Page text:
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I have all ways did the initial break in just like this. (ride it like I stole it).

Never had any problems and all my machines have had lots of power and no oil use.
 

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Forget belt break in. Id rather spend another $120 on a belt and properly break in my $6k engine lol


Sent from my iPhone using Tapatalk so please excuse my fat finger syndrome.
 

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Break in ways of old are just that in my opinion. Back in the day, the way pieces and parts did not have the precise engineering/machining that they do now. So back then, it took a while for everything to even out. Nowadays, everything is very close tolerance to other parts that are the same. So now, parts can be run hard, straight from the get go. Every new engine I have had, I have run hard from the get go. What I make sure to do is change the oil more often than what is recommended. Run it hard, keep clean oil in it and it has worked for me every single time. My very first run on my Outlander 1000 was 60 miles, hard runs, tight trails, open roads. Never hold any RPM too long, but run that thing out son!!!!!
 

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If we are to believe everything this man says, our engines as well as virtually every modern automobile engine is doomed for a life of poor performance. BRP factory fill is synthetic as well as the majority of automotive manufacturers that have switched over to at least a semi synthetic factory fill. And being every single engine is fired up and test run, they are being ruined with that horrible synthetic oil. Since "80% of the ring sealing takes place in the first few minutes," we are all doomed to ride machines with a shortened lifespan and sloppy performance because those dumb engineers didn't get it right. Speaking of which, he also knows better than the hundreds if not thousands of engineers employed by BRP, Honda, Yamaha, Ducati, etc. that designed and built those engines. :umno:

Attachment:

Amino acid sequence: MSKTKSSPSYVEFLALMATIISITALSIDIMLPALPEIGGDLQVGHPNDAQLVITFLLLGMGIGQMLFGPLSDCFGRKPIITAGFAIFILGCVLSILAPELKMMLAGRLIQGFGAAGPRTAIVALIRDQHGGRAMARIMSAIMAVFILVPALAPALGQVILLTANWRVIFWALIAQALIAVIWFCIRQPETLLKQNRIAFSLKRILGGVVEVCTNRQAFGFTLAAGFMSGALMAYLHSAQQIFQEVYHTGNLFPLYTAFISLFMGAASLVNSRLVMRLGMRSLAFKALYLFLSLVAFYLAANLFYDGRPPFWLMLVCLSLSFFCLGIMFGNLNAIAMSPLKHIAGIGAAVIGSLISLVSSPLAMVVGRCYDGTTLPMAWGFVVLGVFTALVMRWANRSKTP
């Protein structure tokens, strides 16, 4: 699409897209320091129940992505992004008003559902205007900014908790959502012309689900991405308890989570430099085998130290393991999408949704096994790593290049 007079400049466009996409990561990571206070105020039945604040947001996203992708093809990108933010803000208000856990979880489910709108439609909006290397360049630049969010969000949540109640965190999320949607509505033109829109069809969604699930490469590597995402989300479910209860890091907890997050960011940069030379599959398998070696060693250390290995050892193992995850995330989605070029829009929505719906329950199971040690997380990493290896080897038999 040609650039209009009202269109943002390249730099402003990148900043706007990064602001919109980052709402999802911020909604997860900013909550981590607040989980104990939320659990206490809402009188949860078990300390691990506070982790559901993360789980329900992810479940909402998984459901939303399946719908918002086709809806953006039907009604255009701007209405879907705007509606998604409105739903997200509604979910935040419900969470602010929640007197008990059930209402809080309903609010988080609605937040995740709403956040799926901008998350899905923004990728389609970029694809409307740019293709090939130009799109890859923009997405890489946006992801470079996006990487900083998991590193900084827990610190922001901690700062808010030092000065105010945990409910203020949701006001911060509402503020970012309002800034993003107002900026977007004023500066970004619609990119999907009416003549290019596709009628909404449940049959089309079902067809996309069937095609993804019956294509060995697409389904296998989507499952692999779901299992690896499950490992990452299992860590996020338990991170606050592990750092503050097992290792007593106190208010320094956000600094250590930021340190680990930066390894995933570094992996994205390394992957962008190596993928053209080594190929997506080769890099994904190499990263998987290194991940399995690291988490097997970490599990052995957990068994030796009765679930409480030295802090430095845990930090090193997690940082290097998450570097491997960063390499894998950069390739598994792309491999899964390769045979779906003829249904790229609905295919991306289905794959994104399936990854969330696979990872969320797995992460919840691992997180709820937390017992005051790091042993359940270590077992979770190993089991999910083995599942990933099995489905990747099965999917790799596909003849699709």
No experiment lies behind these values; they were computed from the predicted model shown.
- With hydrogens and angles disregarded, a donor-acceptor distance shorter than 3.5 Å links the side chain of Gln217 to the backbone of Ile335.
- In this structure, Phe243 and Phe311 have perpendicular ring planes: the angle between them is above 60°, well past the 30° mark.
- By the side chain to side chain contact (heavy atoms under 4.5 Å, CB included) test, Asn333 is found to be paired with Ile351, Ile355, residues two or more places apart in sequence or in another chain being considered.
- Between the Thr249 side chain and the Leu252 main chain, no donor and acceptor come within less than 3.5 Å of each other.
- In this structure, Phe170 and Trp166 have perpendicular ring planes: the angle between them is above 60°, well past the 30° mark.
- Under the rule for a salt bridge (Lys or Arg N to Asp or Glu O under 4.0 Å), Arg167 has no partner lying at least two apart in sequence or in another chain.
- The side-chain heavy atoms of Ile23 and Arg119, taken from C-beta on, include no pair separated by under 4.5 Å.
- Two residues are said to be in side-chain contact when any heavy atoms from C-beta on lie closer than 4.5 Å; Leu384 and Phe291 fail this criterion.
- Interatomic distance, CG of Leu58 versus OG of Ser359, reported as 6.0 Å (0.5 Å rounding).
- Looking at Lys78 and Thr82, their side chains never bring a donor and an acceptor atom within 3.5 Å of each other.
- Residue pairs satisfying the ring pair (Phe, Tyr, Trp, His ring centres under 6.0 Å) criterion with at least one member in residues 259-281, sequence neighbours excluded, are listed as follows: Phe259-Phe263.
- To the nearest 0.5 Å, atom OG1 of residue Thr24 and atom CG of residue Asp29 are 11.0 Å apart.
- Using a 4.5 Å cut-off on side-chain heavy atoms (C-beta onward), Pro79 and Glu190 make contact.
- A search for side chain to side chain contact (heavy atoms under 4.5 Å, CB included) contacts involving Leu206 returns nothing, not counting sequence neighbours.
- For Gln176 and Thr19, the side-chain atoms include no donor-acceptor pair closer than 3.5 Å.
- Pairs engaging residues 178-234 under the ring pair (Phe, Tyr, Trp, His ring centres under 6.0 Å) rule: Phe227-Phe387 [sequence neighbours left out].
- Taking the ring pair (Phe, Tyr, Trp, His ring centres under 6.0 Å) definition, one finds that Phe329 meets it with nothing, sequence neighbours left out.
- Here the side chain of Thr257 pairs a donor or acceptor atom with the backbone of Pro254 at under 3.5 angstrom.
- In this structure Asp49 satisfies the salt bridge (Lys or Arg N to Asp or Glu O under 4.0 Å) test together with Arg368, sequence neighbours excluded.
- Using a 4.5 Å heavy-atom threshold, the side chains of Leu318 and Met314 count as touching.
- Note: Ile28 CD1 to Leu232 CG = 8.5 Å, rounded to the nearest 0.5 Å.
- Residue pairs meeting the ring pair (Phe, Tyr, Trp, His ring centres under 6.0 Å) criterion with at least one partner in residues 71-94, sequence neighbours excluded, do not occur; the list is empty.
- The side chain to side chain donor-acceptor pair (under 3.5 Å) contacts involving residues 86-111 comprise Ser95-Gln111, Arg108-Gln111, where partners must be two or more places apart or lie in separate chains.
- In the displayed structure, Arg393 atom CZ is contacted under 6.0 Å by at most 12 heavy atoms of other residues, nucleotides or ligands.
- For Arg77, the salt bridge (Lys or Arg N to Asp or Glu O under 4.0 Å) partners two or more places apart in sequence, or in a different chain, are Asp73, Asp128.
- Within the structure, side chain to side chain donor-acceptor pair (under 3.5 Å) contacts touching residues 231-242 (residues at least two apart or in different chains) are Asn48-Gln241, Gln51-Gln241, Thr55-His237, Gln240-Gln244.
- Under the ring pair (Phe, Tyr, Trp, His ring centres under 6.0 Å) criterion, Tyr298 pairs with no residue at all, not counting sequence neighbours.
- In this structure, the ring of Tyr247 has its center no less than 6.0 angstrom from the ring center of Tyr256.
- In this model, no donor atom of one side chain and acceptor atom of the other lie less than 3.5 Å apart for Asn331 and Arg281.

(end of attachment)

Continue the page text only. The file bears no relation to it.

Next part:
The majority of the break in has come and gone long before we get ahold of our machines.

Ride more, worry less.
 

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The whole reason they want you to break it in is so their warranty expires while you are still running it like a 90 year old woman and they have no claims to fix.
I ran mine hard enough to grenade the belt in 400 miles, so I think I followed this guys break in pretty well! lol
 

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Yeah well I got a whole new engine after 26 miles... I win!


Sent from my iPhone using Tapatalk so please excuse my fat finger syndrome.